Inconsistent program behavior on Red Hat Enterprise Linux* 7.4 if compiled with Intel compilers

By Igor Vorobtsov, Published: 10/24/2017, Last Updated: 01/10/2018

Reference Number : CMPLRS-41993, CMPLRS-45873, CMPLRS-4605

Version : Intel® C++ and Fortran Compilers 17.0, 18.0 for Intel 64 only, older versions affected as well

Operating System : Red Hat Enterprise Linux* 7.4, Centos* 7.4, Fedora* 25

Problem Description :  There is an issue with calls via Procedure Linkage Table (PLT) to functions with custom calling conventions on Red Hat Enterprise Linux* 7.4.  Such functions are widely used in Intel compiler libraries, such as LIBIRC, LIBSVML, etc. The Intel compiler generates usual call sequence for such functions, and they may be called via PLT in the final executable. During the resolution of the PLT relocation the runtime may overwrite registers that do not need to be preserved according to the ABI. The code enclosing such a call can not assume that the call follows the defined custom calling convention anymore.  The issue may cause inconsistent program behavior, such as floating-point exceptions (e.g. unexpected NaN generation) or crashes (SIGSEGVs).

Note that the problem may be observed on any system containing glibc version 2.24-9 and newer (as well as the particular version of glibc 2.17 that comes with RHEL 7.4 and Centos 7.4).

Following test case (Fortran and C version) may be used to reproduce the problem and check if the system is affected.


program test_glibc_except
  use, intrinsic :: ieee_arithmetic
  real, dimension(3) :: x, y

  call ieee_set_halting_mode(ieee_invalid, .true.)
  do i = 1,3
     x(i) = 0.
     y(i) = exp(x(i))
  end do

  print *,'y= ',y
end program test_glibc_except

$ ifort -shared-intel test_glibc_except.f90; ./a.out
forrtl: error (65): floating invalid
...   00007F4820628441  __svml_expf4_l9    Unknown  Unknown


#include <stdio.h>
#include <math.h>
int main()
  float x[3], y[3];

        for (int i=0; i<3; i++)  {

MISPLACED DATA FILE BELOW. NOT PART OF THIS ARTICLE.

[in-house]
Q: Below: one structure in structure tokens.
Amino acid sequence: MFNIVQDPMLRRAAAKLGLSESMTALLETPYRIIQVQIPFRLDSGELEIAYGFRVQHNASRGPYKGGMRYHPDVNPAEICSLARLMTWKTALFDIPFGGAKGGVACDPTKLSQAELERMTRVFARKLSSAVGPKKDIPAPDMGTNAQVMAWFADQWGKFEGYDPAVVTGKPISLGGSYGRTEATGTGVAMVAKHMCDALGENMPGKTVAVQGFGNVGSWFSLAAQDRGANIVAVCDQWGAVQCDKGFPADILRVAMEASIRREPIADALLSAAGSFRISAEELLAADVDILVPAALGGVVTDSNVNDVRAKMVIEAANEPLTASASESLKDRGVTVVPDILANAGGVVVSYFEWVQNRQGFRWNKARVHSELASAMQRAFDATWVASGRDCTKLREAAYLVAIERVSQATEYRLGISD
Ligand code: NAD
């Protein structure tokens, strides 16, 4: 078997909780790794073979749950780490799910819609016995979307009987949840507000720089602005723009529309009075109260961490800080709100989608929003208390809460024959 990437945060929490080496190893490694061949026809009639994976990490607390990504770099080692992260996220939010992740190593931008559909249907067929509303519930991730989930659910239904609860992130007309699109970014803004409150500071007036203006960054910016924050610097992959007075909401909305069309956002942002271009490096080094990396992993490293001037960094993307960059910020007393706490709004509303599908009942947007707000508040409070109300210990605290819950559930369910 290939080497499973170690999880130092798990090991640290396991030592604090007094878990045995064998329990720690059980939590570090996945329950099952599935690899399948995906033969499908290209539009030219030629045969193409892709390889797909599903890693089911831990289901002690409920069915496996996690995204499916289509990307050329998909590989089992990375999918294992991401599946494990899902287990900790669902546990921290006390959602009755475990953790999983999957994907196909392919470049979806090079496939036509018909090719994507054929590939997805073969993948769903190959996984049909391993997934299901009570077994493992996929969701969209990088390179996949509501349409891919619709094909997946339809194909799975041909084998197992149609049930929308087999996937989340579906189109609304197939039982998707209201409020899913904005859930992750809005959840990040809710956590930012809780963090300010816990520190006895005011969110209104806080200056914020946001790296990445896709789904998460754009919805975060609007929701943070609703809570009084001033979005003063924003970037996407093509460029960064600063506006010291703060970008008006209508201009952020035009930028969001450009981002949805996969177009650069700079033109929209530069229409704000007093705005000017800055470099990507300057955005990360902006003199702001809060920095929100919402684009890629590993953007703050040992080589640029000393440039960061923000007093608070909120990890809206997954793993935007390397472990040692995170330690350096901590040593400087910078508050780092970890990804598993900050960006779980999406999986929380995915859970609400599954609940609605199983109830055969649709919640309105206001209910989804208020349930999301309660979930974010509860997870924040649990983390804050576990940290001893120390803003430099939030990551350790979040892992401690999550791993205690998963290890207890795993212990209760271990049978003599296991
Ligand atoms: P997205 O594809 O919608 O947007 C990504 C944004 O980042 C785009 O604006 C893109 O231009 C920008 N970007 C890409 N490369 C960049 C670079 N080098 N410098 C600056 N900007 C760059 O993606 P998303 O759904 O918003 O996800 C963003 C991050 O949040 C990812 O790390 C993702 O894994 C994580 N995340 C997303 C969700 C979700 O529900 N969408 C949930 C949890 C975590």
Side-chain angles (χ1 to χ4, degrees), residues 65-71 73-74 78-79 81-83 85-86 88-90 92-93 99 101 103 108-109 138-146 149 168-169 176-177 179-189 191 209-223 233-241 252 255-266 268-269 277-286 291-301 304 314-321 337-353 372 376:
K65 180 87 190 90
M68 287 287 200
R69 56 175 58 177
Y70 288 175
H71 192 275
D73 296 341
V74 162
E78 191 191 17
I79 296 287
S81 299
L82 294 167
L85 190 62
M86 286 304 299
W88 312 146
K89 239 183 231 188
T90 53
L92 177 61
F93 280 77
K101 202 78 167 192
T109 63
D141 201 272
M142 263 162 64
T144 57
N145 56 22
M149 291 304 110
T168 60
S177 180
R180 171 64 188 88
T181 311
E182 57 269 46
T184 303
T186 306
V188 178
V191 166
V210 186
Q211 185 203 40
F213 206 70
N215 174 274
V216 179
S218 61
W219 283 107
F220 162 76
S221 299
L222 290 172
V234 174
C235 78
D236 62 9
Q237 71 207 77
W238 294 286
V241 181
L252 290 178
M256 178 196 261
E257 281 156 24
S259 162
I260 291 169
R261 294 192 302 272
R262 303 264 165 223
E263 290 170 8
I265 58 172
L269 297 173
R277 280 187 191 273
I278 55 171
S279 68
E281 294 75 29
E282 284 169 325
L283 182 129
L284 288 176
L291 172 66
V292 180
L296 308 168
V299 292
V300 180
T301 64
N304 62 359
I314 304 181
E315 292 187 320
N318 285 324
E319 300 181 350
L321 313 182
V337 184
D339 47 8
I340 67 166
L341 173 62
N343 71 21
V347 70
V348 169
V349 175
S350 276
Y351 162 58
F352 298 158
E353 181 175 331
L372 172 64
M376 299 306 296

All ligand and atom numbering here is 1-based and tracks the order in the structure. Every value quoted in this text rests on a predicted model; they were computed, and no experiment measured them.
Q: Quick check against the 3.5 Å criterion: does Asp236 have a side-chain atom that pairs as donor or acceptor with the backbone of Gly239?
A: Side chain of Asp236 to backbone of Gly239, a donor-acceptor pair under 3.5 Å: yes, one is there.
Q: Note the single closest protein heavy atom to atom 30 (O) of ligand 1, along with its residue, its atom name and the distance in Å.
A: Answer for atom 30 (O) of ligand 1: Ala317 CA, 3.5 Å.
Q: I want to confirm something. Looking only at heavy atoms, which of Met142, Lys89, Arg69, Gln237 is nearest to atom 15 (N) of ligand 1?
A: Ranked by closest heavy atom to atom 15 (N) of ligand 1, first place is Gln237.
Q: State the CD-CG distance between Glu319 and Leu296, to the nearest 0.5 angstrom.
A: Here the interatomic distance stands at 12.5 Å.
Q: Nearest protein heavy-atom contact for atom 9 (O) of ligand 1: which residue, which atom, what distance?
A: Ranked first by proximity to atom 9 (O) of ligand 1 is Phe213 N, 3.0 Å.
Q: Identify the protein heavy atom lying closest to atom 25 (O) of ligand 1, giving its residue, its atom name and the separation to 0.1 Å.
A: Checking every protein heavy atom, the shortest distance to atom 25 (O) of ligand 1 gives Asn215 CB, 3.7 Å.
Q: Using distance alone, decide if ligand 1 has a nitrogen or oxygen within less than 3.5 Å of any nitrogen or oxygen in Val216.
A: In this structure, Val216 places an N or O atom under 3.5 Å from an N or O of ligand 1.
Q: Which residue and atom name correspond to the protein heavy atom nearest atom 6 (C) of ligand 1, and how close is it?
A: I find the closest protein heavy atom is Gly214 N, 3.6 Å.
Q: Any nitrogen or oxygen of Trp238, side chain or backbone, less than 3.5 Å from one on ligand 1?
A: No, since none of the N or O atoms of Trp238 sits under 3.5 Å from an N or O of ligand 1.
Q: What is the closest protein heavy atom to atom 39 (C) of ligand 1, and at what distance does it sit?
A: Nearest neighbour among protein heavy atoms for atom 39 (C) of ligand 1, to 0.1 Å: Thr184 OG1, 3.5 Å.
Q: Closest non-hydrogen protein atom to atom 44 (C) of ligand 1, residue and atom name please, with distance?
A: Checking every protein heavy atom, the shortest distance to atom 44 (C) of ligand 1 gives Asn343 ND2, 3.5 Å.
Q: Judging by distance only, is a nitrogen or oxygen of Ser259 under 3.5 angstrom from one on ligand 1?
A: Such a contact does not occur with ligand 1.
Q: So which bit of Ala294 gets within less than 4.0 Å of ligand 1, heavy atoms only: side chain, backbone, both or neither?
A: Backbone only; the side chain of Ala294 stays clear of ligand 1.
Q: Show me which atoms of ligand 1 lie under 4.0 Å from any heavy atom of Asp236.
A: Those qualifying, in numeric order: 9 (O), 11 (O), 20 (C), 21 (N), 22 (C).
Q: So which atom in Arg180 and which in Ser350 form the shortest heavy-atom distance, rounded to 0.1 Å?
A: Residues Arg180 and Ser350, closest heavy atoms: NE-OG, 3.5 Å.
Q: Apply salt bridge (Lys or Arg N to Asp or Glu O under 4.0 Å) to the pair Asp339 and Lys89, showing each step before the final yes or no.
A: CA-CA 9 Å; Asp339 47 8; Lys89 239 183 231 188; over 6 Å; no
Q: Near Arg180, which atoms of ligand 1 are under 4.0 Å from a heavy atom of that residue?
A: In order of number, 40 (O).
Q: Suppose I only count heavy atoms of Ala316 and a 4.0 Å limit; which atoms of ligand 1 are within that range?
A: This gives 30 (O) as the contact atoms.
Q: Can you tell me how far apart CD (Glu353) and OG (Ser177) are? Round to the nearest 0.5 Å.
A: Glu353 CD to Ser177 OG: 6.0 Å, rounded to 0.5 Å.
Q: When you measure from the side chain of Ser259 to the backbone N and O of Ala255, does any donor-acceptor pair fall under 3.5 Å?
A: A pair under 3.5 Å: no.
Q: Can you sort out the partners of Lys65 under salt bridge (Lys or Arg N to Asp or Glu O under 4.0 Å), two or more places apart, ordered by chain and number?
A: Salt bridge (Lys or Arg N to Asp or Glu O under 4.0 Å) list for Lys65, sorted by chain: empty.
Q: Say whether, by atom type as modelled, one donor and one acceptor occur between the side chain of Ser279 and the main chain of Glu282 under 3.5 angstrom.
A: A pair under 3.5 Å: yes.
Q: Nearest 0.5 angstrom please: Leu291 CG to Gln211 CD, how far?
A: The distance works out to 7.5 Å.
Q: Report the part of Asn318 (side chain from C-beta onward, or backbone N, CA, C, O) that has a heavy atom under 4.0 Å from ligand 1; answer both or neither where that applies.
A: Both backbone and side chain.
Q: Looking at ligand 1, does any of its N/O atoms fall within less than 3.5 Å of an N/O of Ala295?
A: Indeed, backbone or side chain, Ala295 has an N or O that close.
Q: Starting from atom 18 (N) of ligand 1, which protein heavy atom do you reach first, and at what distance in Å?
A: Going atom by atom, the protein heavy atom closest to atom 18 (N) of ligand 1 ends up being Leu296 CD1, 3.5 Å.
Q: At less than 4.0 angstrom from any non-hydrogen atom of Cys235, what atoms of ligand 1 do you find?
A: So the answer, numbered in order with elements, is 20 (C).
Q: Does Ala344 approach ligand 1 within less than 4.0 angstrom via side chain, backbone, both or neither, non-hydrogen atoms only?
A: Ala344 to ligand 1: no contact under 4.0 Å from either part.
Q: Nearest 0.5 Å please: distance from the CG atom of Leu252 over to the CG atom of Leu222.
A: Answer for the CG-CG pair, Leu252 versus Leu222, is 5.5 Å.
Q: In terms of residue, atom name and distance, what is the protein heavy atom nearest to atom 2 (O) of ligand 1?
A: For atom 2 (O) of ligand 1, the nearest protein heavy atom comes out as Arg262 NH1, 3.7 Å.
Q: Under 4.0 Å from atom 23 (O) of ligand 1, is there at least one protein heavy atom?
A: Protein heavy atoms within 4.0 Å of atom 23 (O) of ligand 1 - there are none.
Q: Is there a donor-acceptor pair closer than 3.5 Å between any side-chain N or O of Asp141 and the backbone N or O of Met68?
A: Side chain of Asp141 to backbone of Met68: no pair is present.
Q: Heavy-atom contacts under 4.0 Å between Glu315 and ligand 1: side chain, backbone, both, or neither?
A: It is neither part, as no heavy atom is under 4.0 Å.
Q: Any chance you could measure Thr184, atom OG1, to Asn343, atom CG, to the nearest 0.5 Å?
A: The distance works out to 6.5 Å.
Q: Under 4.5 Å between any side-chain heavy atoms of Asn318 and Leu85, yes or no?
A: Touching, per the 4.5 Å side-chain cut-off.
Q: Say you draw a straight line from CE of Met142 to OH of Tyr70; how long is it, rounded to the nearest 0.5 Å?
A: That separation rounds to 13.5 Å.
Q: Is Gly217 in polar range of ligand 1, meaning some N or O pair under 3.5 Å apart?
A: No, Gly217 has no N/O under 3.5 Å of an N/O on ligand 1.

x[i] = 0.;
            y[i] = exp(x[i]);

  printf("y[2]= %f \n",y[2]);
  return 0;

$ icc -std=c99 -shared-intel -fp-trap=invalid test_exp.c; ./a.out
Floating point exception (core dumped)

Note that if invalid exceptions are masked then the last element printed is a NaN.

Resolution Status : One workaround is to do all required relocations at startup of a binary by setting the environment variable LD_BIND_NOW=1.  The 17.0 Update 4 and Update 5 compilers and also the initial 18.0 release have a workaround implemented in the compiler that will avoid PLT relocations for the problem calls if -fPIC is specified.

This issue has been resolved: in the 17.0 Update 6 or 18.0 Update 1 compiler   (no need to specify -fPIC)

Product and Performance Information


Intel's compilers may or may not optimize to the same degree for non-Intel microprocessors for optimizations that are not unique to Intel microprocessors. These optimizations include SSE2, SSE3, and SSSE3 instruction sets and other optimizations. Intel does not guarantee the availability, functionality, or effectiveness of any optimization on microprocessors not manufactured by Intel. Microprocessor-dependent optimizations in this product are intended for use with Intel microprocessors. Certain optimizations not specific to Intel microarchitecture are reserved for Intel microprocessors. Please refer to the applicable product User and Reference Guides for more information regarding the specific instruction sets covered by this notice.

Notice revision #20110804